The Fear that Produces Fearlessness

by Jeremy Kimble April 2, 2020

One of the most oft-cited commands in the Bible is stated as “Do not fear,” or “Be strong and courageous.” In our modern era in the west, often if you want to grow in courage and fearlessness you need to go look for growth opportunities, whether it be through rock climbing, quitting an old job to begin a new one, having some kind of difficult conversation, or some other initiative. These need to be sought after increasingly if we want opportunities to grow in courage because our world has seemingly become so insulated. We now stand in a moment where the opportunity for courage and fearlessness has found us.

As everyone speaks on social media and news outlets and during work breaks of the spread of a virus at a global level, we as Christians are not immune to such realities. However, our response must look different, and there is reason why it can look different. To put it succinctly, God is, He will never leave or forsake us, and we are called to fear Him, which produces an other-worldly fearlessness in us.

First, God is. No one made Him and no one adds anything to His being, He supplies life to all (Acts 17:25). In any and every circumstance we are drawn back to the simply and yet profound truth that our God is “I am” (Exod. 3:14). God stands as sovereign over this world, in absolute and supreme power, working all things according to His plan in whatever way He pleases (Ps. 115:3; Eph. 1:11). Nothing will thwart His purposes or stay His hand (Dan. 4:34-35), He is God over all. All are called to recognize that the God of the Bible is the true God who created and sustains that creation, there is no other god.

Second, this sovereign, all-mighty God will never leave us or forsake us. Joshua was told this as he was exhorted three time to “be courageous” (Josh. 1:5-9). In fact, if you read the ending chapters of Deuteronomy and the book of Joshua as a whole there is a constant refrain, a command and a grounding reason to follow that command. To paraphrase these passages, this saying goes like this: “Be courageous, God is with us.” Hebrews 13:5 picks up on this when speaking of contentment. Thus, whether we are thinking of being content with what we have or a call to courage we are compelled to do so because God is with us and He is our sufficient portion that supplies sufficient grace (2 Cor. 12:9-10).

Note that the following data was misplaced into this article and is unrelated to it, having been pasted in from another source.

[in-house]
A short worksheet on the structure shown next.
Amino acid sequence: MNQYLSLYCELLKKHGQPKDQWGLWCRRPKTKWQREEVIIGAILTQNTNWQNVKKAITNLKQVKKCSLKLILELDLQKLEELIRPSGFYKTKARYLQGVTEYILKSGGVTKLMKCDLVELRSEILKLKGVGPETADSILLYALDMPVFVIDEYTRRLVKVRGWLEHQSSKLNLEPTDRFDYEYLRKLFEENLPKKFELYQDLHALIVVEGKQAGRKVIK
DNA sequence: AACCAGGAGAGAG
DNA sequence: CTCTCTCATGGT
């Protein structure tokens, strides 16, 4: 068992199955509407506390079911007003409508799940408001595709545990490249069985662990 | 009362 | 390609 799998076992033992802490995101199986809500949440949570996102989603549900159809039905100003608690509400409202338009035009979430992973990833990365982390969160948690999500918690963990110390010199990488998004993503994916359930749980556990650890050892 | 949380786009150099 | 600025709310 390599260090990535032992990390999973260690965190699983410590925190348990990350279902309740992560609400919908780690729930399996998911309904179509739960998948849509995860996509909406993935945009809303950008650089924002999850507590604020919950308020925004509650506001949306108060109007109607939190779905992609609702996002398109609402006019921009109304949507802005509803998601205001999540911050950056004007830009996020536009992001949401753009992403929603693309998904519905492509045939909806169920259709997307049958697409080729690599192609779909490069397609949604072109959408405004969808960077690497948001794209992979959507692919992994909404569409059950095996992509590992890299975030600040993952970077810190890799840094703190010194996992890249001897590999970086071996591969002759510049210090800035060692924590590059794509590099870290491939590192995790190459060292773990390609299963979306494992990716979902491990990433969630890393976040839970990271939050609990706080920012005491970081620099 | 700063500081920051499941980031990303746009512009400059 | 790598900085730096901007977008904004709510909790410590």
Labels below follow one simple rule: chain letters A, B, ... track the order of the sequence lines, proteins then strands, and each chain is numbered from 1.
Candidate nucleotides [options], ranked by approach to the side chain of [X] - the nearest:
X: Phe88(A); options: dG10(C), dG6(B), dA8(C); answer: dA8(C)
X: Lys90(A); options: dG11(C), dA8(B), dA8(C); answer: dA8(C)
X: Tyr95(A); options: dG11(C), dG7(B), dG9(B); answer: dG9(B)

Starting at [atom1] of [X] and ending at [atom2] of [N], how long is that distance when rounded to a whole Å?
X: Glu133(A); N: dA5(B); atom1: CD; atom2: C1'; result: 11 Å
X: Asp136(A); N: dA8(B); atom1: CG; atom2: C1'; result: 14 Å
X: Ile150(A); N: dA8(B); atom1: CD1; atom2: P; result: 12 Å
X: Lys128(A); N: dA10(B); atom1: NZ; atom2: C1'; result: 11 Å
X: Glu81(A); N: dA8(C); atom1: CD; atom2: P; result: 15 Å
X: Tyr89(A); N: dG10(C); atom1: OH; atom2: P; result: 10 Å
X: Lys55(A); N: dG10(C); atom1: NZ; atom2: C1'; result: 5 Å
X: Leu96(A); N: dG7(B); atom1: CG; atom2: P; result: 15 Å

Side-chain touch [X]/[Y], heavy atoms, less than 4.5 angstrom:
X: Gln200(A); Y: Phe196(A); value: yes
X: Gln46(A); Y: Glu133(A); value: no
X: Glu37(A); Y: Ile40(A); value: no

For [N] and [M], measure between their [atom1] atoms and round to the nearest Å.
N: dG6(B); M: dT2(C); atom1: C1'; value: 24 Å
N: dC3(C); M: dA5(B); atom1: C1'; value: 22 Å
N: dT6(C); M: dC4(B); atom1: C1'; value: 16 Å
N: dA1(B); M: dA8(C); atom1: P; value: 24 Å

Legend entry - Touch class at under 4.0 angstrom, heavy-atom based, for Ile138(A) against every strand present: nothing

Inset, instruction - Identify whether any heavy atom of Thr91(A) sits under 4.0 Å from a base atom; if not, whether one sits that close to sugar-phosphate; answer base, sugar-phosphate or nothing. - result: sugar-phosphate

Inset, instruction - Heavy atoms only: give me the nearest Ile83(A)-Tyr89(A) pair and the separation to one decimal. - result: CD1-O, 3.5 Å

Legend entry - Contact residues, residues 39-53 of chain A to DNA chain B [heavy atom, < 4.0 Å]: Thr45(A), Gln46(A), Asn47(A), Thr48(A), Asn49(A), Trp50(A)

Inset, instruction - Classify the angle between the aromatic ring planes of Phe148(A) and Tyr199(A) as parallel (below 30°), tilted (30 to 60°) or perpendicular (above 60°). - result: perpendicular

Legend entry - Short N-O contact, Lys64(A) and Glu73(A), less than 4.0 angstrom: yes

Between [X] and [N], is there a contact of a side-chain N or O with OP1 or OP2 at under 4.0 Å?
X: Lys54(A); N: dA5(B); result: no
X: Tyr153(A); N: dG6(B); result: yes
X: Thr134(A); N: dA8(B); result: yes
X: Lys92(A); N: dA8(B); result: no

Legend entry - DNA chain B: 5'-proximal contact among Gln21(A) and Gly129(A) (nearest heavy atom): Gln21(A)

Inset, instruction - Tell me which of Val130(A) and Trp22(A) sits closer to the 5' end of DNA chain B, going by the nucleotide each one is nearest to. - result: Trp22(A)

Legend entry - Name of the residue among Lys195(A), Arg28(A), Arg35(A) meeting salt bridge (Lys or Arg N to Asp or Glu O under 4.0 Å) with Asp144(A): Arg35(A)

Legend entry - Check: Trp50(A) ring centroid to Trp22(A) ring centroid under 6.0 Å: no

Finally, we are called to fear God, and this produces a kind of fearlessness in the world. In the beginning of Matthew 10 the disciples are being sent out to do ministry, and Jesus tells them it is going to be difficult, promising they will appear before magistrates and suffer ridicule. But he then says “Have no fear of them,” (Matt. 10:26) and to “not fear those who kill the body, but cannot kill the soul” (Matt. 10:28). Rather, we are to fear God “who can destroy both body and soul in hell” (Matt. 10:28). Jesus, therefore, is calling us to a proper fear of God, and the fear will displace improper fears, of those who persecute us, but seemingly of many other things as well, including viruses that can spread rapidly. We walk in reverence and worship of the one true God, who knows the number of hairs on our heads (Matt. 10:30), we walk in faith, and we walk courageously in the midst of life circumstances.

Our God is a consuming fire (Heb. 12:29) and so we worship Him in reverence and awe and joy-filled trembling. And as we do, we walk in fearlessness in this world, because God has redeemed us, He has called us by name to live for His glory, and we are His (Isa. 43:1). When we pass through grace difficulty we are called to be courageous and fear not, because this sovereign, self-existent, all-powerful, merciful, and just God is with us and will not leave or forsake us.

Fear is palpable in our world presently. Answers are not readily available and virtually all of our lives are being affected in one way or another. And it is not only this moment and this circumstance. Fear will grip us at various moments of life, and we must ready our minds and our hearts and our wills as Christians. We do not know all that will take place, but we know our God, and therefore our response, by God’s grace, should differ from that of the world. It is a time for people to see and ask about the hope that is in us (1 Peter 3:15). Brothers and sisters, God has not called us to fear of this world, He has called us to live fearless lives, knowing that greater is He who is in us than he who is in the world (1 John 4:4). Let’s leverage our lives with trust in God and Spirit-empowered courage to do all He calls us to do, proclaim the good news of salvation to be found in Jesus Christ alone, and live for the glory of His name.